The Princess and the Kiss is a wonderful story about cherishing the gift of purity. I love how the king and queen in the story guide their princess to develop virtues! Also check out the sequel, The Three Gifts of Christmas, which describes how the princess is cured of her selfishness.

 

 

FOR ELEMENTARY SCHOOLERS


I was thrilled to discover the Twin Princess series at our local library recently. These sweet little easy readers offer great lessons for little girls. In The Princess Twins and the Tea Party, Princess Abby learns a lesson in humility as her sister Princess Emma reminds her: “Only God is perfect!” And in The Princess Twins and the Puppy, Abby learns a lesson in trusting God.

 

 


The Queen and the Cats is a retelling of little known legend about St. Helena, Queen mother of Constantine and finder of the true Cross. After finding the Cross, legend has it that Helena visited Cypress and helped save their churches from the rats.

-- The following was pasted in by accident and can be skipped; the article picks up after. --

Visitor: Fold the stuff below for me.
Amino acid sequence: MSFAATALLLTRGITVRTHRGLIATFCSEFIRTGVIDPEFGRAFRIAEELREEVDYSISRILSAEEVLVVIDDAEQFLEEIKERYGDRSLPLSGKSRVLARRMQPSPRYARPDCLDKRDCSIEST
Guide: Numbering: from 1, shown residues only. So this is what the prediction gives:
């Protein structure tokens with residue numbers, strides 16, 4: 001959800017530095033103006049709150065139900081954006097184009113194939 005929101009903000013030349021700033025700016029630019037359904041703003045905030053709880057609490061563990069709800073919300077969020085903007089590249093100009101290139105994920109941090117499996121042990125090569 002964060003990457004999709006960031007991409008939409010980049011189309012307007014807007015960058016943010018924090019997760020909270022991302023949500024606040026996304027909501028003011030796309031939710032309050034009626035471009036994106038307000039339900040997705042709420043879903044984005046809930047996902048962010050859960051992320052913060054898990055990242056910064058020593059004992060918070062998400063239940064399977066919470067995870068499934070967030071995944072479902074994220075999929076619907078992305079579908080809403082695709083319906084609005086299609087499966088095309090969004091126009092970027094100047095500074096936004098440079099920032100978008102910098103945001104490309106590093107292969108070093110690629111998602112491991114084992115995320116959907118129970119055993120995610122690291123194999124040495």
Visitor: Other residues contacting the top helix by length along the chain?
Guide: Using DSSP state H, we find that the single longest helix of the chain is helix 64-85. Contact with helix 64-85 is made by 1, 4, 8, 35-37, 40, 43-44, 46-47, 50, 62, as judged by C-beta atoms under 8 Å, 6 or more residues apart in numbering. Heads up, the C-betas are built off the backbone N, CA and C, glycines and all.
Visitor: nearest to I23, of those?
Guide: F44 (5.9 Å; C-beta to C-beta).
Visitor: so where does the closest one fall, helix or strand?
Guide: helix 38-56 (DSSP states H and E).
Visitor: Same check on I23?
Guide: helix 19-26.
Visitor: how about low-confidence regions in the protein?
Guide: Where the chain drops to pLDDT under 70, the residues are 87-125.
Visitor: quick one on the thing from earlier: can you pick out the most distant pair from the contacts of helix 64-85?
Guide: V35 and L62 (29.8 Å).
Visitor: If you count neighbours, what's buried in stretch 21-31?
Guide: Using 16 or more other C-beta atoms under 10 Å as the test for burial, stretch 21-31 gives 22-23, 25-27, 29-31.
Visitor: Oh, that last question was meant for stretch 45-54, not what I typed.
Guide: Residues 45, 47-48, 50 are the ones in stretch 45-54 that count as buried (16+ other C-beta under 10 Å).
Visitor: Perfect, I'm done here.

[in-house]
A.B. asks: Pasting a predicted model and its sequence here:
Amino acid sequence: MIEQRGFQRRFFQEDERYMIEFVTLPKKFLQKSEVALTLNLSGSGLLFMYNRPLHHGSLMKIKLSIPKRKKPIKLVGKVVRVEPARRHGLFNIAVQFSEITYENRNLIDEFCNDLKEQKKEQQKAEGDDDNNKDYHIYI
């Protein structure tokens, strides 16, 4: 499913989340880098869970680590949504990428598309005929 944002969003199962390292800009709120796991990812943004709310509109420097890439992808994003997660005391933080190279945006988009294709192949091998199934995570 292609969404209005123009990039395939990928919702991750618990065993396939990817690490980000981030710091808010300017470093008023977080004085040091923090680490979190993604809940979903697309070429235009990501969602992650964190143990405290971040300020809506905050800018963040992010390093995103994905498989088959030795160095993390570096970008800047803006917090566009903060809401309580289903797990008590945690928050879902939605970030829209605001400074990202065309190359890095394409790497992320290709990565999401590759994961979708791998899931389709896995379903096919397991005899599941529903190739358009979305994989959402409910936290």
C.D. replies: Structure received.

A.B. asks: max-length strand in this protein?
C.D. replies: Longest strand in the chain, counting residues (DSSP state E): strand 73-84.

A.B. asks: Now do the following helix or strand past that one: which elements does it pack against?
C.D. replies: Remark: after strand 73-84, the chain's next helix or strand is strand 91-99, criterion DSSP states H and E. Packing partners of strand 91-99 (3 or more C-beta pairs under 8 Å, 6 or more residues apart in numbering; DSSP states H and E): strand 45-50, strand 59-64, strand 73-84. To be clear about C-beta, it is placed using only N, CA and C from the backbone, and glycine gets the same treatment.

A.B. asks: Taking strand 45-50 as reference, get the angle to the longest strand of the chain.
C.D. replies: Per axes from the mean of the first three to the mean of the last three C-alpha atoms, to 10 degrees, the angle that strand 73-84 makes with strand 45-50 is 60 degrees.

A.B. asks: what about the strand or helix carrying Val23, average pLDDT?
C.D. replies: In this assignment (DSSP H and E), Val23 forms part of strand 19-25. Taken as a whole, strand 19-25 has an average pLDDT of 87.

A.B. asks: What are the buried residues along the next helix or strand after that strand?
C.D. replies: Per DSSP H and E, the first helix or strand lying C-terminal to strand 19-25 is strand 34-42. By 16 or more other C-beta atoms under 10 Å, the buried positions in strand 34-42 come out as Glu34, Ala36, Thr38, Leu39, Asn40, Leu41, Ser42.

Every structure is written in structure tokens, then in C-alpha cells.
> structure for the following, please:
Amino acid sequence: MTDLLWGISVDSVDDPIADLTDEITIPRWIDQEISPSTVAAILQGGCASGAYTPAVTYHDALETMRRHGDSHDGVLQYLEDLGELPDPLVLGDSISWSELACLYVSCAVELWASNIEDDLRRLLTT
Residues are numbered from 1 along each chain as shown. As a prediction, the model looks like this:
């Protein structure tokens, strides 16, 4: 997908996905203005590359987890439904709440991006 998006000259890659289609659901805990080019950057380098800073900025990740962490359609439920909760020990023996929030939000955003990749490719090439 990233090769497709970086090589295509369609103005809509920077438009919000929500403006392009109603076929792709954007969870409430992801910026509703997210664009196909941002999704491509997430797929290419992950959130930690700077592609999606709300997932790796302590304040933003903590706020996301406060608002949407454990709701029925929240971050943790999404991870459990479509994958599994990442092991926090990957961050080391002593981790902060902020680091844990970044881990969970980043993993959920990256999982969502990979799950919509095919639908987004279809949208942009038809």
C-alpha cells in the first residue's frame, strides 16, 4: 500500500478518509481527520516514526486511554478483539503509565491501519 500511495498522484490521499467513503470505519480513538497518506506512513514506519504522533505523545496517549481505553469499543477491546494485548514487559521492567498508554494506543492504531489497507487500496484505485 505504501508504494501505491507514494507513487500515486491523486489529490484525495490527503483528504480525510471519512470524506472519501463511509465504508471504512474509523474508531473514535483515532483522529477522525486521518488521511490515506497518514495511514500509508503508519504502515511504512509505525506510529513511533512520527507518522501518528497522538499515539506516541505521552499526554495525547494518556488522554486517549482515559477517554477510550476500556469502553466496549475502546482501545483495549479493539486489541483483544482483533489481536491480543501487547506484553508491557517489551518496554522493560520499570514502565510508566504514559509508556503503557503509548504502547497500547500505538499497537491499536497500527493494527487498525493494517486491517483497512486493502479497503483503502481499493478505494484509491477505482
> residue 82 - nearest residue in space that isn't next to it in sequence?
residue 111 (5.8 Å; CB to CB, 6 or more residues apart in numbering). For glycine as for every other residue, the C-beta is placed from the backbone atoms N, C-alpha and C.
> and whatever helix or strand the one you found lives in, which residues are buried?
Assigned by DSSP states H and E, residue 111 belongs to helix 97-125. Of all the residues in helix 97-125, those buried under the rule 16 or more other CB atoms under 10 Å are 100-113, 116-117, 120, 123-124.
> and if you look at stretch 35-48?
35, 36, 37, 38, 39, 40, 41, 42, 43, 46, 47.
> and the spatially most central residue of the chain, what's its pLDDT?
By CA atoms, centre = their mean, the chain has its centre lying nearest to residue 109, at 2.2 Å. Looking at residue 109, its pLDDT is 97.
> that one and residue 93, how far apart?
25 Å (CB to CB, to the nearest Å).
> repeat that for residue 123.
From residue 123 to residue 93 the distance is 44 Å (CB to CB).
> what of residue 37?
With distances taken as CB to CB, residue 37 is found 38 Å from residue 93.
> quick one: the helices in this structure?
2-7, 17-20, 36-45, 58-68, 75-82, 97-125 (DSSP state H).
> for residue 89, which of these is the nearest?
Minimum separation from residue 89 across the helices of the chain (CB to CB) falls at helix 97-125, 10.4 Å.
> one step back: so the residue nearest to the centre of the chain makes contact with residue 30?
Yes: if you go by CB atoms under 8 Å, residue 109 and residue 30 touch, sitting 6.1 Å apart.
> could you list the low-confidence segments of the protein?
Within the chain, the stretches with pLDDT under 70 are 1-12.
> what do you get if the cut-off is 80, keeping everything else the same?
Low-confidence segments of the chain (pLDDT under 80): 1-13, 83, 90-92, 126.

Once upon a Time Saints offers the stories of some lesser known saints who also happened to be princesses such as Alice, who trusted God and married two different kings. And Elizabeth of Portugal who was a great peacemaker and patron of the poor.

 

 

 


M. M. Kaye’s The Ordinary Princess was a favorite princess story of mine as a girl. Princess Amy’s godmother bestows on her the gift of being ordinary. At first this seems like an impossible gift to burden a princess with, but eventually Amy finds a prince who likes her exactly as she is- especially her ordinariness.

 

 

 

FOR TWEENS TO TEENS


The Princess and the Goblin and its sequel The Princess and Curdie are two classics from master storyteller George MacDonald. Princess Irene explores labyrinths with a magic ring, avoiding malicious Goblins with the help of Curdie, a simple miner boy.